It’s one of the most iconic baseball cards of the 1960s, capturing in one glance the drama that went down during the summer of 1961…even if the delivery is understated.

There on top are the tired eyes of a head-only Roger Maris, looming large over the men below him, and adorned with the simple note: “New York — 61.”

If you didn’t already know the context, the shield to Rajah’s left gives it away: “1961 American League Home Run Leaders.”

No mention of the dramatic race with Yankees teammate Mickey Mantle, nor the fact that “61” represented a new record, topping the 60 Babe Ruth put up in 1927.

No mention of a potential asterisk, either, like the one that commissioner Ford Frick opined might be appropriate if the home run record fell in more than the 154 games that were the norm back in the Bambino’s day.

As it turned out, it took Maris the full, newly-crafted 162-game schedule (and then some) to take the cake.

But card #53 in the 1962 Topps set has more to offer than Maris and his exploits, as great as they were in 1961 and as understated as the man himself tended to be — just like the way this card underplays his record-setting achievement.

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There to the lower left is Mantle himself, a legend long before the 1961 season, who finished with 54 dingers despite landing on the shelf toward the end of the season.

And there in the middle of the bottom row is Harmon Killebrew, who recorded the second of his seven 40-plus-homer seasons in 1961 en route to 573 in a career that spanned 22 years.

After recording 42 and 31 home runs for the Washington Nationals in 1959 and 1960, respectively, Killer was no secret, but his 46 bombs in 1961 were a nice housewarming gift for Minnesota fans welcoming the team to the upper Midwest for their first season.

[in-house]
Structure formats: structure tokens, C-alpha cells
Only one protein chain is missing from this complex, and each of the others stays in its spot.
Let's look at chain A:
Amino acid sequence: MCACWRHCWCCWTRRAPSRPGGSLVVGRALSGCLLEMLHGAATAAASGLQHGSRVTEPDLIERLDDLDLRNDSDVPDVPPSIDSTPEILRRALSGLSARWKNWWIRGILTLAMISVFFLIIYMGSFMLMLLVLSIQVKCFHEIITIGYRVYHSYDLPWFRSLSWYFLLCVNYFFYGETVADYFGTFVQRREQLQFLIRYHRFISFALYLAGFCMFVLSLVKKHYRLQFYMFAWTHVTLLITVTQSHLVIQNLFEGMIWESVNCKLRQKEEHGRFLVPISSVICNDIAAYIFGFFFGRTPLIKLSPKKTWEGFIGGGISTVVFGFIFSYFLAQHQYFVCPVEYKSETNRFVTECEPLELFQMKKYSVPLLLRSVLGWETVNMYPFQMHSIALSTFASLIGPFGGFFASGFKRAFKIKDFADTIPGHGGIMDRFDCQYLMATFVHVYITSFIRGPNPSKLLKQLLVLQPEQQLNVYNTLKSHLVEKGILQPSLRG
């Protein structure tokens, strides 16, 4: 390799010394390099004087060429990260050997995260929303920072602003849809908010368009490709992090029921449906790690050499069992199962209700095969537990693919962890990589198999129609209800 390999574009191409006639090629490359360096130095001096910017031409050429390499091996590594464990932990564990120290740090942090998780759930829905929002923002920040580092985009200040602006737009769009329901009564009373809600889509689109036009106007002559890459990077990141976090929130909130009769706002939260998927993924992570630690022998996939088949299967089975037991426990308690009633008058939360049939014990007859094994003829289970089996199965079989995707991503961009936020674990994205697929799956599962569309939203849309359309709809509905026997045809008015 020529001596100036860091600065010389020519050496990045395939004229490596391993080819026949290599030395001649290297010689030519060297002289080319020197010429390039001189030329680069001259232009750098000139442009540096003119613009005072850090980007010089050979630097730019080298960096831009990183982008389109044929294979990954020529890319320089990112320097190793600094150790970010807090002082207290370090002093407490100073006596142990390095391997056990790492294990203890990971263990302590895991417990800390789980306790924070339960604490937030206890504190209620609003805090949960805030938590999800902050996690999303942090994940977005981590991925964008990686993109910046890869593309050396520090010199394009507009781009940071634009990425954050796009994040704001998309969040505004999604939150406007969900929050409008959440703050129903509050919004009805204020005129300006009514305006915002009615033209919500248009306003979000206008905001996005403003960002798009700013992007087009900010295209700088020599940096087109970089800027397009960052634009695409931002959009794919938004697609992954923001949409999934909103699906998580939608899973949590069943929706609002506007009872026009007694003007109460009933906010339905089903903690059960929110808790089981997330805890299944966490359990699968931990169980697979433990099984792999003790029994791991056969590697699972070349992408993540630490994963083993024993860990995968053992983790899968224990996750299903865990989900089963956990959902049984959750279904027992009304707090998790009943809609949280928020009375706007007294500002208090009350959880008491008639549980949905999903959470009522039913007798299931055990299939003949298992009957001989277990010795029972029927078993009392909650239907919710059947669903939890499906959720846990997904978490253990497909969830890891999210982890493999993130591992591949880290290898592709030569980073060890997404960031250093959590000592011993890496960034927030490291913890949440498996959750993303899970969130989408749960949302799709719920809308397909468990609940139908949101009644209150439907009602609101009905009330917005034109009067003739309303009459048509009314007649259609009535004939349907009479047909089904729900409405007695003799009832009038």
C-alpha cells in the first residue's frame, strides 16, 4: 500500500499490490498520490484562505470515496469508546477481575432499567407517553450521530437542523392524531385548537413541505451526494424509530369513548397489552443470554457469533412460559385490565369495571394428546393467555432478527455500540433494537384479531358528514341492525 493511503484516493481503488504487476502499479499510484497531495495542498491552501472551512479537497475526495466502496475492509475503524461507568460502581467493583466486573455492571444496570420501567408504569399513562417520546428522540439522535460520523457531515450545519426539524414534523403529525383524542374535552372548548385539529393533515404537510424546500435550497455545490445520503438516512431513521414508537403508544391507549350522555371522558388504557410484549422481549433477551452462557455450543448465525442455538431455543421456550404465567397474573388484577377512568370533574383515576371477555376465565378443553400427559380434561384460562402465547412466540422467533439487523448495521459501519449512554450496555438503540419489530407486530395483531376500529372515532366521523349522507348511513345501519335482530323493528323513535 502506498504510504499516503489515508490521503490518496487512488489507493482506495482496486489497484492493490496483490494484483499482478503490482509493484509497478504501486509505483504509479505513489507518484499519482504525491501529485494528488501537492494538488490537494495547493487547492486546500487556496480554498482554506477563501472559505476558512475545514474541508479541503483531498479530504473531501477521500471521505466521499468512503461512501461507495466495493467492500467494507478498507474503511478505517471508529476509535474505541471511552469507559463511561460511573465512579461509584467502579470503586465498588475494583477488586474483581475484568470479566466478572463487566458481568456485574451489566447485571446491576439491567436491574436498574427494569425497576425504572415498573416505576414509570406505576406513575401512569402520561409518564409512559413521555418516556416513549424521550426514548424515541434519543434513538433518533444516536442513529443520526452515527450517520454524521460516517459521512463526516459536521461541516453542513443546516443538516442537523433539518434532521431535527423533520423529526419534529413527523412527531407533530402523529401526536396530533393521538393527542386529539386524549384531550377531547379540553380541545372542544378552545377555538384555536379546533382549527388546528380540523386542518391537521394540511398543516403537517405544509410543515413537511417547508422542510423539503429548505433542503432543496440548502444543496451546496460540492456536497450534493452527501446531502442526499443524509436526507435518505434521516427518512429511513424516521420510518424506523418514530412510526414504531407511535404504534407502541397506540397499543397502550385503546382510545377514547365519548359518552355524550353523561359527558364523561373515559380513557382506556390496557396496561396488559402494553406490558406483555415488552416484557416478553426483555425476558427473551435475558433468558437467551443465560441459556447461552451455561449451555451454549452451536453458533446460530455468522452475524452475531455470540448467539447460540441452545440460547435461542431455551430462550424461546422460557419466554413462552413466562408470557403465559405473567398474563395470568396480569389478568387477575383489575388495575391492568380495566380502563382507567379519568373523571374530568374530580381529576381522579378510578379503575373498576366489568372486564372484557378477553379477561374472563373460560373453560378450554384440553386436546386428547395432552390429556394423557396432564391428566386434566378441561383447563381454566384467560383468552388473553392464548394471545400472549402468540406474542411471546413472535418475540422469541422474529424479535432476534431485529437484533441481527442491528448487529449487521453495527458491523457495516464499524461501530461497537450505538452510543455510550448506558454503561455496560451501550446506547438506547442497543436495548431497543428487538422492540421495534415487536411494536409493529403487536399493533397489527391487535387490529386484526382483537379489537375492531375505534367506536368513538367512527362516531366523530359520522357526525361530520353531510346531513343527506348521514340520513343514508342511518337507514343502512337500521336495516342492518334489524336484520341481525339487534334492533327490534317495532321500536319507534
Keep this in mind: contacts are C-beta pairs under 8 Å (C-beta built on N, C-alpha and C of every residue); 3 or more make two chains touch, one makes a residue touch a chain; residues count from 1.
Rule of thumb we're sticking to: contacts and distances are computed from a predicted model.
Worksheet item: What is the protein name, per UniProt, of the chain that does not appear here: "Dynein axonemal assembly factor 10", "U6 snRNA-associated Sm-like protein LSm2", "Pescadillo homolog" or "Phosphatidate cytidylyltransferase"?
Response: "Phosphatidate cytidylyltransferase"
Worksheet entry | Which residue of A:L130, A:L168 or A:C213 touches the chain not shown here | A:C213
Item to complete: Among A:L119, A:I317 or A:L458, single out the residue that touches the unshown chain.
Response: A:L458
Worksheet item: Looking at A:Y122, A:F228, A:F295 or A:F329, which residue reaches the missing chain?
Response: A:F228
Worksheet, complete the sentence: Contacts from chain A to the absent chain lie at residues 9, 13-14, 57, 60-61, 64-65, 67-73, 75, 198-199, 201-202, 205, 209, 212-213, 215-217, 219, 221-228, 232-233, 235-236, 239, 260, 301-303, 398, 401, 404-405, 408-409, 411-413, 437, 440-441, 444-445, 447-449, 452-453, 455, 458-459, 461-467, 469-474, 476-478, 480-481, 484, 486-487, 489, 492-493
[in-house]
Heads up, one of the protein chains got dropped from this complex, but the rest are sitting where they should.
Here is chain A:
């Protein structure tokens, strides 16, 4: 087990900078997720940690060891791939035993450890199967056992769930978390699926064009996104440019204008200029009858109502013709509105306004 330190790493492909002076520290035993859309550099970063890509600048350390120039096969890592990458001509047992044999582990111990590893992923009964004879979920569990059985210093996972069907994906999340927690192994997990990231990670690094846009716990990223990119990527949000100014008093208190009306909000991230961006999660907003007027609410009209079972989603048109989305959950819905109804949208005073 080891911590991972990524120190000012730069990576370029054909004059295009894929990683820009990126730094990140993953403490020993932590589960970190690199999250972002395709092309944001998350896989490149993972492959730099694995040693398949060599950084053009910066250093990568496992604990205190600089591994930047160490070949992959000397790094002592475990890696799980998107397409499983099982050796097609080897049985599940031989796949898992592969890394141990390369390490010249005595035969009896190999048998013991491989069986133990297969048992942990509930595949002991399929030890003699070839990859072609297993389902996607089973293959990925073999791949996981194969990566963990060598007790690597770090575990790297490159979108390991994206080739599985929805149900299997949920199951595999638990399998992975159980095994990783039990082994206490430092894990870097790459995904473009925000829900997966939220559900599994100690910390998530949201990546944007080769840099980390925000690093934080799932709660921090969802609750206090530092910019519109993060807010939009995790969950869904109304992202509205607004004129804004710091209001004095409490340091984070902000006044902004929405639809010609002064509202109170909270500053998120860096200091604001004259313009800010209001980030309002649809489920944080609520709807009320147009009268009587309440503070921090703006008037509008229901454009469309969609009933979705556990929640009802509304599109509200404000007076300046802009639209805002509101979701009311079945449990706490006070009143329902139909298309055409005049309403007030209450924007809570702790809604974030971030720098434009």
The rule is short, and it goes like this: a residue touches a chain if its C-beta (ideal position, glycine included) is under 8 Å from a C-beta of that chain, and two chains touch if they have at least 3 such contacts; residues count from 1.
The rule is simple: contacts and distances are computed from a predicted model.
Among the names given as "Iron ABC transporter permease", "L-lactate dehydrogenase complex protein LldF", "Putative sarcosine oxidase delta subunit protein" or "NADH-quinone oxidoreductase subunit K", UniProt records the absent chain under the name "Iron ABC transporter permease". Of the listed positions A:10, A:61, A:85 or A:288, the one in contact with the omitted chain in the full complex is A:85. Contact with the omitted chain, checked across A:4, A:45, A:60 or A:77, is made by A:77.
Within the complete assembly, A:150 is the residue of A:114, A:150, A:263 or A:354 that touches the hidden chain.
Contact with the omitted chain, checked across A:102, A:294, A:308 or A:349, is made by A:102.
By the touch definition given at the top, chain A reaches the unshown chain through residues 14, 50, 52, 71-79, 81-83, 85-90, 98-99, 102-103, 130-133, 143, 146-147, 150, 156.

That last fella, though, way over on the righthand side of the card, was a bit more surprising to find included among the likes of the M & M Boys and Killebrew.

Sure, Jim Gentile had hit 21 home runs for the Baltimore Orioles son his way to finishing second in A.L. Rookie of the Year voting in 1960, but that was his age-26 season. And it came after eight minor league seasons and two stilted attempts to break into the majors.

Could Gentile ever be expected to do any better than that?

Well, expectations or not, Diamond Jim cranked up his swing right along with the other sluggers in 1961, connecting on 46 long balls of his own and leading the American League with 141 RBI (tied with Maris).

Add in a .302 batting average, and it was good enough to land him in third place in the MVP race behind Maris and Mantle.

As with Maris, 1961 ended up being Gentile’s absolute peak, just ahead of a decline beginning in 1962 and then accelerating through the next four seasons.

Though he would stick in the Phillies’ minor league system through 1968, Gentile never made it back to the big leagues after a 33-game, 2-homer showing with the Cleveland Indians during the summer of 1966.

He finished his big league career with a .260 batting average to go along with 179 home runs and 549 RBI, good enough for 17+ WAR, six All-Star selections (two each season from 1960-62), and a status as one of the early Orioles stars after the team moved from St. Louis (Browns) in 1954.

Oh, and — of course — an understated spot on an understated hunk of baseball history masquerading as a classic woodgrain baseball card.

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